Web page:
I remember so clearly drifting in my own 20’s, trying to figure it all out. Technically I was an adult, but honestly when my first child arrived — I was only 24 — I still felt like a college kid. These films speak truth as teenagers unwittingly join the grown-up world, moving from the simplicity of scoring booze and girls into the thunderous reality that real life demand more. Jonah Hill literally plays a character named ‘Seth’ in Superbad, and I would argue that Rogan’s Ben Stone continues this character’s evolution. It remains clear in my mind the confused feelings propagated by working full time, raising a baby, while simultaneously reading Kerouac’s On the Road, and wishing for freedom, simplicity and my recently departed youth.

This is 40 brings the quadrilogy to a close asking me to reflect on more grown up versions of these same questions. In 2012 when the film premiered, I was 45 so pretty close to the ages of Pete and Debbie (Paul Rudd and Apatow’s real-life wife Leslie Mann.) There is still the part of me that looks in the mirror and sees 20 year old self, but by and large my day-to-day reality has taken over.  Pete asks, “Do you even wonder what it would be like if you and your wife were separated by something … like death?” His kids are fighting, Debbie wants to know why he needs to escape, and she actually says out loud, “It doesn’t seem like our lives should be this much work.” They both really love each other, and no one actually wants anyone to die, but the truth is that sometimes life is hard, especially as we get older.

Apatow has somehow managed to put the simplicity and truth of getting older one day at a time into these films. When I hear these characters speak, they nearly always saying things I have thought (though often not had the temerity to say out loud!)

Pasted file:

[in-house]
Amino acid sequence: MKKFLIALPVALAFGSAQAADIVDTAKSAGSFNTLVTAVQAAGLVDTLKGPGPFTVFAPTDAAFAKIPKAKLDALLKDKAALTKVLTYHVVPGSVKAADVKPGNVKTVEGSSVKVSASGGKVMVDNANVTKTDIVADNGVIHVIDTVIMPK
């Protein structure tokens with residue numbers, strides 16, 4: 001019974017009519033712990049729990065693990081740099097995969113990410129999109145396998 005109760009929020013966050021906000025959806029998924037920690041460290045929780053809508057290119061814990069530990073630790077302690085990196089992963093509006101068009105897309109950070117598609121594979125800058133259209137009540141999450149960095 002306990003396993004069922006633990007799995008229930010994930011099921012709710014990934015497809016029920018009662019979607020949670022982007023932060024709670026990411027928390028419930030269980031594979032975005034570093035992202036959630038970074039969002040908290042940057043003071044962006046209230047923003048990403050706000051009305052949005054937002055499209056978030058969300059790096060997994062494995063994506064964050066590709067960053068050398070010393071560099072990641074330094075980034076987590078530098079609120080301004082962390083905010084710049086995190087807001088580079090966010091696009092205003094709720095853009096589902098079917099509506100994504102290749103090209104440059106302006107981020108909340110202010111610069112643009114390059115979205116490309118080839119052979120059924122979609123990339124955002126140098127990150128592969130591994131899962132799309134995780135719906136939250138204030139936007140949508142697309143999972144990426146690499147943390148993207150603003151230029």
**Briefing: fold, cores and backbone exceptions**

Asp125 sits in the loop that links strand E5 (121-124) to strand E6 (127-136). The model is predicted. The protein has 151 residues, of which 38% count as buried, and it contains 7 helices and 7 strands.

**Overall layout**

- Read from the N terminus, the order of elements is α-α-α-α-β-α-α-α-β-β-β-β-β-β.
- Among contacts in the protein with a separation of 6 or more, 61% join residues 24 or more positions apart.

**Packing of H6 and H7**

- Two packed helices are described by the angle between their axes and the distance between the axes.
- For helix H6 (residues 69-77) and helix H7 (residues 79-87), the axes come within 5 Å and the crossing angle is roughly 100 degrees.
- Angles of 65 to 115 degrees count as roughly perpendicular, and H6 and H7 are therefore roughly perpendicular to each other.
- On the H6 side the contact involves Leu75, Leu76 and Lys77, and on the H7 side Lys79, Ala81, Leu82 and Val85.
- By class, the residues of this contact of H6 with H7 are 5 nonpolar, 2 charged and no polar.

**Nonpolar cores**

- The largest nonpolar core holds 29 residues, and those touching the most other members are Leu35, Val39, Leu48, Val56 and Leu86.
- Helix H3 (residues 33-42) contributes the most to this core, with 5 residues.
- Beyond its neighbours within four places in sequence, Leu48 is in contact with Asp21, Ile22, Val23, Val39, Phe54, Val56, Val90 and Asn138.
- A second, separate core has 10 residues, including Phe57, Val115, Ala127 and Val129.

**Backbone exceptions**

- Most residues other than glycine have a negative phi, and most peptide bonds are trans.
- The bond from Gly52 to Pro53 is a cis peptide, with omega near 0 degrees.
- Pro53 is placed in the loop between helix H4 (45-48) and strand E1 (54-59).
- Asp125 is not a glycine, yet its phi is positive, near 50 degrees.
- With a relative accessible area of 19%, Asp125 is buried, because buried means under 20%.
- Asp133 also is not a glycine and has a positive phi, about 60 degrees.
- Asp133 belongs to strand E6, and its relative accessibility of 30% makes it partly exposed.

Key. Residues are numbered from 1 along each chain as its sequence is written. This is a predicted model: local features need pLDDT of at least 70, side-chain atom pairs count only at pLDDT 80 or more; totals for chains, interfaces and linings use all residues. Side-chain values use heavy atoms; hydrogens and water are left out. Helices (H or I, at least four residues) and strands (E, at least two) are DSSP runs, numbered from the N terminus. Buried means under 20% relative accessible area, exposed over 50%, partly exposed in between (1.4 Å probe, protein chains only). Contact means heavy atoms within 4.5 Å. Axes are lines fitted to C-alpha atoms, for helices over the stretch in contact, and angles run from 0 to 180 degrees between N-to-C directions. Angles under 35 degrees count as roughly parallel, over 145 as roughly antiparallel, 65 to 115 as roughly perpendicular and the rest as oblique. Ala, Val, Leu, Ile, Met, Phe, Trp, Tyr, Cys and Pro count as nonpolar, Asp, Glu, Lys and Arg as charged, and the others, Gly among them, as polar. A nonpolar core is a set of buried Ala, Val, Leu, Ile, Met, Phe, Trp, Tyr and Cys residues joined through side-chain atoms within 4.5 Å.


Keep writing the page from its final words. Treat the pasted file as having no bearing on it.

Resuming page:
These films are far from perfect. All of them are WAY TOO LONG — especially the Unrated/Uncut versions. I can see myself watching Apatow’s crew in the editing room … “No, no … keep that, ha ha … so funny.  We CAN’T cut that! Holy shit … HAVE to keep THAT!”  The level of under-age drinking is astonishing, and the police torching their own car to cover up aforementioned hijinx feel like Fonzie’s shark-jumping. But whatever. The characters feel so true that I can’t help but love all of these movies.

On the surface these films all go for sex, self-pleasure, excessive drinking/drugging, and good-old-boy/girl fun in the form of shock, awe, raunch and completely unfiltered verbal diarrhea. But in the end there seems to be a message and true feel-good positivism. These characters truly grow and change. They learn some important lessons about honesty, and friendship and being true to oneself. All this while fundamentally and subversively advocating monogamy, love for partner, honesty in communication and care for others. Damn, that is some good life lesson shit!